February 13, 2004

W. Hockey Plays Road Pair

Print More

With six league games remaining on its schedule and a tenuous hold onto the eighth and final playoff spot in the ECAC, the women’s hockey team is facing a stark reality: it is now or never. Through 12 conference contests, the Red has managed only one win en route to a 1-11-0 league record (4-15-1 overall) and is fending off winless Vermont (4-20-2, 0-10-0 ECAC) and Union (3-22-1, 0-10-0) for the right to play in the postseason.

Despite showing flashes of brilliance, the Red has struggled with inconsistency throughout the season. The squad has found itself in a number of close, hotly-contested games that may have translated into wins for the Red had it not been for a fluke bounce or third-period collapse. Head coach Melody Davidson, fresh off a sojourn to Europe to help coach the Canadian U-22 women’s national team, is confident that simple execution of fundamentals will succeed in righting the ship.

Princeton, N.J. and New Haven, Conn. will be the dueling grounds for the Red this weekend, as the team attempts to revitalize its season against Ivy League powers Princeton and Yale. The Tigers (7- 4- 0, 14-6-0) and the Bulldogs (4- 7- 0, 8-11- 3) currently rest in fifth and seventh place in the ECAC standings, respectively, and should provide a good indicator for the Red of the type of team it must beat if it hopes to advance in the playoffs.

Last time the Red faced both of these teams on the same weekend, it was swept at home in two extremely close games. The Bulldogs shut out the Red, 3-0, with goals coming from Natalie Babony, Kristin Savard and Erin Duggan, yet the real story of the game belonged to Cornell’s freshman goaltender, Beth Baronick. Baronick gave the Red hope for a victory, giving up only one goal on 31 shots through the first two periods. Ultimately, however, Yale’s offensive onslaught proved two much for the beleaguered Red squad, who were outshot 41-21 in the Lynah showdown.

The Princeton game similarly could have gone either way, with a series of unfortunate calls and bounces leading to yet another Cornell defeat. A missed open net, a waived off goal, and a couple of unconverted power-plays all contributed to the Redis downfall, flukes that have the potential to re-write the ending of any close matchup. Another freshman star began to shine in this Jan. 10 contest as well, as Toronto native Caroline Scott added a goal and an assist in the 4-2 loss.

Since then, the Red has hotly anticipated the road rematch against the Tigers and Bulldogs, and this weekend the team will finally get the opportunity to give their opponents a taste of what it’s like to be on the losing end of a close game.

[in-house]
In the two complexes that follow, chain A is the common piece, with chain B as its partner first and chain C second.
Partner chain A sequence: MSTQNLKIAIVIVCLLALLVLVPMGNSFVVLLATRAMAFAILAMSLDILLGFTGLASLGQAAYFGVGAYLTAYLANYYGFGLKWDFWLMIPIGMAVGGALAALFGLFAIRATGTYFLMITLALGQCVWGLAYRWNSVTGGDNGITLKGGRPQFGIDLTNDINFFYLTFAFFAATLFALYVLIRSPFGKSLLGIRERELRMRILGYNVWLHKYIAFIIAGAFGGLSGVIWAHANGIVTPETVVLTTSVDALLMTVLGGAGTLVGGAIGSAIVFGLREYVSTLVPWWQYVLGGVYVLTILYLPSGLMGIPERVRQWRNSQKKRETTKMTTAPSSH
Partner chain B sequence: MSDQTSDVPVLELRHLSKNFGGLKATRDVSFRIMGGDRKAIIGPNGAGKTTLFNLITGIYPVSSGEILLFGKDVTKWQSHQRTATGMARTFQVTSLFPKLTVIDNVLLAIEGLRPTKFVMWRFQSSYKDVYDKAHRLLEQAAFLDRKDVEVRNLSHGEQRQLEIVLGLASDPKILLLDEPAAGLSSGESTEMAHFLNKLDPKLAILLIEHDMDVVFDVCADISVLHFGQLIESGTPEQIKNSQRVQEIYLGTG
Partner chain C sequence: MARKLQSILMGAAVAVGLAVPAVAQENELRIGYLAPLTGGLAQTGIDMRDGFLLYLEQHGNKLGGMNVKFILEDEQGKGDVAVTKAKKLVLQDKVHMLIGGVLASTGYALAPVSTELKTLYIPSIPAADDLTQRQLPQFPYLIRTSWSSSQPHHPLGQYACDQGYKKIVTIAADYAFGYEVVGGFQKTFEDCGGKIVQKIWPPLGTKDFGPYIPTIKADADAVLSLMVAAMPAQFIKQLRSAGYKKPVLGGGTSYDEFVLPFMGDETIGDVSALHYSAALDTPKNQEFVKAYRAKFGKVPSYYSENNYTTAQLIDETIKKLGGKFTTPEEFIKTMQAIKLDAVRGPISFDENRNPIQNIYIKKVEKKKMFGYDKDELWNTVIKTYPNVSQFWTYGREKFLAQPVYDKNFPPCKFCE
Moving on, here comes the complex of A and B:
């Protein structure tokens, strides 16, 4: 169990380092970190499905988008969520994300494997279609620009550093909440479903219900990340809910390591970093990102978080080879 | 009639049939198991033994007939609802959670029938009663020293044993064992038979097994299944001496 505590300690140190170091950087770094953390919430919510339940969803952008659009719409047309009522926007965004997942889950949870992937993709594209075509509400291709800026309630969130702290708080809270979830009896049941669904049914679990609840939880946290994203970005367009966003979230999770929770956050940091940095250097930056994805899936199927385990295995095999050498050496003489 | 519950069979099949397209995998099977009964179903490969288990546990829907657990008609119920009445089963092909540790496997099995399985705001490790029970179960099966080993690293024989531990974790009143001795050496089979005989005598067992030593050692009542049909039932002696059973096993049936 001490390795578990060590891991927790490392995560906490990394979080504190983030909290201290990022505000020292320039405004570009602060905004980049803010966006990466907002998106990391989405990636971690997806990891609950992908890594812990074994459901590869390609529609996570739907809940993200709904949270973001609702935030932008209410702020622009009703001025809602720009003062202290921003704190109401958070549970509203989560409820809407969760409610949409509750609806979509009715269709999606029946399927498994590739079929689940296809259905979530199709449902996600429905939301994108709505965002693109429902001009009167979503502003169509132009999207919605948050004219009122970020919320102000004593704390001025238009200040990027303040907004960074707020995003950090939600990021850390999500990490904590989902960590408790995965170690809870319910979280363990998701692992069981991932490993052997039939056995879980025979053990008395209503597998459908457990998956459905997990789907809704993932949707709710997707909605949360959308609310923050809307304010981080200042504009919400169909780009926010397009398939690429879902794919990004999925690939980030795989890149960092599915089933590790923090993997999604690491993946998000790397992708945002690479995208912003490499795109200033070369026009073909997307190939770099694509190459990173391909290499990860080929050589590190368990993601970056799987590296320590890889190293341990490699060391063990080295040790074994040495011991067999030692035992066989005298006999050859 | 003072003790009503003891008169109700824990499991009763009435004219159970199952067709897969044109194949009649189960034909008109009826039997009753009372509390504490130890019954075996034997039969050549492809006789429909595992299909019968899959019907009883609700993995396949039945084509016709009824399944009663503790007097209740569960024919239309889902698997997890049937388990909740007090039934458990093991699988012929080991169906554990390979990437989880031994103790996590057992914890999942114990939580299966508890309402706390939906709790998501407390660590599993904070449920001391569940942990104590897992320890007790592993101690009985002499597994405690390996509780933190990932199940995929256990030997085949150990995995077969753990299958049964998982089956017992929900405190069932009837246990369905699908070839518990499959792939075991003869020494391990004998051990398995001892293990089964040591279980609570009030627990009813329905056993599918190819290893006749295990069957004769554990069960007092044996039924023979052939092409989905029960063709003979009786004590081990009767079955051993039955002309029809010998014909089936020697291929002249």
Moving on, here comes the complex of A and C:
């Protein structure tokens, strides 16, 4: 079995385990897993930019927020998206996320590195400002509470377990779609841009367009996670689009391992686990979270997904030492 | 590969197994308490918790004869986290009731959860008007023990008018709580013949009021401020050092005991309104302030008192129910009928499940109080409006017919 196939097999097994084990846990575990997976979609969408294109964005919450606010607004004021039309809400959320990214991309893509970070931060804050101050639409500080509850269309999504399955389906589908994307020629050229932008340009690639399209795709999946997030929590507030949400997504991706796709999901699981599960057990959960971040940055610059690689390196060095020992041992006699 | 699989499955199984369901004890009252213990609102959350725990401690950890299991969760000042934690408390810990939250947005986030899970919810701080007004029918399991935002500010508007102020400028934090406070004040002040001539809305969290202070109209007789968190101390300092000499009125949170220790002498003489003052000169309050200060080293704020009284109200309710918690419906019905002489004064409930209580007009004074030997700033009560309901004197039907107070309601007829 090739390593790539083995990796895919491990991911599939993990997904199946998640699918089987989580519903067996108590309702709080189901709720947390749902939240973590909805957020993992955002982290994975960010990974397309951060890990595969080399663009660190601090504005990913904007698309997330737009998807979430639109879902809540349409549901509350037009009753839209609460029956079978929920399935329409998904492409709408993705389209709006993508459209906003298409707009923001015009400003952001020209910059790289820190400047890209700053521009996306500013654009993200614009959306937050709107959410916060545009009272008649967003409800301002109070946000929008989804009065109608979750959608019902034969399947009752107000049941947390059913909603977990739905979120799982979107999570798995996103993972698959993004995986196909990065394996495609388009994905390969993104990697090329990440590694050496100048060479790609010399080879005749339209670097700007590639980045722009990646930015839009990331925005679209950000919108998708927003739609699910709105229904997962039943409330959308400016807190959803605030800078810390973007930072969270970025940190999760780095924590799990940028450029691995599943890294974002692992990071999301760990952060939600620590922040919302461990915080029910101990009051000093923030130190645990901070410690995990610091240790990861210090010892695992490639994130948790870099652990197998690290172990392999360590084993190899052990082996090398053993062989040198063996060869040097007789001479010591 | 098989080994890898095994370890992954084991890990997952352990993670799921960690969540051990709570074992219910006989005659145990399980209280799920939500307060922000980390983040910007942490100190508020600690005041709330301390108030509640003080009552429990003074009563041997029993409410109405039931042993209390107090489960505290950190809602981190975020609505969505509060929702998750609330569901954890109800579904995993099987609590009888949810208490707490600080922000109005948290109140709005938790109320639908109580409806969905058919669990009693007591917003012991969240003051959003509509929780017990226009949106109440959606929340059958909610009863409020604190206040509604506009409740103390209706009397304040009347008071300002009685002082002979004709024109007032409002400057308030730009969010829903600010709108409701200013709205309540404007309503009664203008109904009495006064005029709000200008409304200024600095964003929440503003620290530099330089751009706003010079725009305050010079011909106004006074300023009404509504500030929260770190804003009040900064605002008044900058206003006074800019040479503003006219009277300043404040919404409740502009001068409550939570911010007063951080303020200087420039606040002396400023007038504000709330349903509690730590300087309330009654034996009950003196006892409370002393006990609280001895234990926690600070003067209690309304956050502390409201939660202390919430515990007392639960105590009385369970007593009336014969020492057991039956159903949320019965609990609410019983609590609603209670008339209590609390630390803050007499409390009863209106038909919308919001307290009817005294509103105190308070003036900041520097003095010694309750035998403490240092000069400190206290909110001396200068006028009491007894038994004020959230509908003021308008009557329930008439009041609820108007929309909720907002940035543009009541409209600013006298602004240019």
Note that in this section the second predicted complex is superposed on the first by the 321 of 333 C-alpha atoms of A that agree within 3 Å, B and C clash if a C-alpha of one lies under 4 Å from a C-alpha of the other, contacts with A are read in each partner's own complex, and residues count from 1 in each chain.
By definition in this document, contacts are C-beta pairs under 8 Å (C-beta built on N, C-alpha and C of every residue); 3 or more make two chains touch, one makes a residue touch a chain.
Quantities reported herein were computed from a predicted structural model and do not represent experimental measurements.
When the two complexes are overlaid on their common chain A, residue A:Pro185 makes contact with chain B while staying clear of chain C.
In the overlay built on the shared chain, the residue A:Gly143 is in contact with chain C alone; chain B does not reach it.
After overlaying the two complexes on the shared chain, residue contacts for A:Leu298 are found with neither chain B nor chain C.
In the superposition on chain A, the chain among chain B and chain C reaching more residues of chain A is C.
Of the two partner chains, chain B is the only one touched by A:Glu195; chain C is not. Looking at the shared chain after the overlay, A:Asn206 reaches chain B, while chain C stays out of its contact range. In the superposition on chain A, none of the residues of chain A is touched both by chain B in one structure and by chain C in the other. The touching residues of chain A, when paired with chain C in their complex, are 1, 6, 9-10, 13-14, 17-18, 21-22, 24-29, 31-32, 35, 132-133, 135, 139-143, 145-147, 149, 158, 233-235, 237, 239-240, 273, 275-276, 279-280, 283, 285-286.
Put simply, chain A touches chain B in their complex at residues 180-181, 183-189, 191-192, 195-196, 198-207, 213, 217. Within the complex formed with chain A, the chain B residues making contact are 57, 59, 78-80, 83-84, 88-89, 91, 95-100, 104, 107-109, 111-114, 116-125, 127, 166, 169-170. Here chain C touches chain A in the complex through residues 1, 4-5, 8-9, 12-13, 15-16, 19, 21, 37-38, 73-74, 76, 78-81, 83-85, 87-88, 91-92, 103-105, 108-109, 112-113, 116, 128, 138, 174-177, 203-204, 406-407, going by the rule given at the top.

The Tigers have turned up the heat after a slow start in the ECAC, winning seven of their last eight games after a few surprising early league losses. Princeton’s squad is also trying to extend its current seven game winning streak over the Red, and will look to players such as freshman Alison Ralph — who scored the game winner against the Red in January — to contribute again tonight. The Tigers are also led by senior Gretchen Anderson, who is second overall in the ECAC in scoring with 36 points (24 goals, 12 assists), and sophomore Heather Jackson (9 goals, 10 assists). Both forwards are also notoriously dangerous for their shorthanded scoring abilities, having notched two apiece thus far.

Yale is treading water in the ECAC, trying desperately to stay out of the cellar in the standings despite having lost its last four league contests. The Bulldogs lack a star forward or highlight reel goal-scorer, instead relying on contributions from every player and a highly positional game plan. Freshman Jenna Spring leads the squad with 16 points (5 goals, 11 assists) while sophomore goaltender Sarah Love ranks fourth in the league with a goals against average of .924.

The Red, meanwhile, will need to tighten up its special teams if it hopes to keep pursuing the ECAC title. Cornell currently ranks last in league in penalty killing percentage, having killed only 72.8 percent of their opponents’ opportunities. The power play has been inconsistent, with a conversion percentage of 14.3. Sophomore Andrea Skinner leads the team with three power play goals.

Archived article by Kyle Sheahen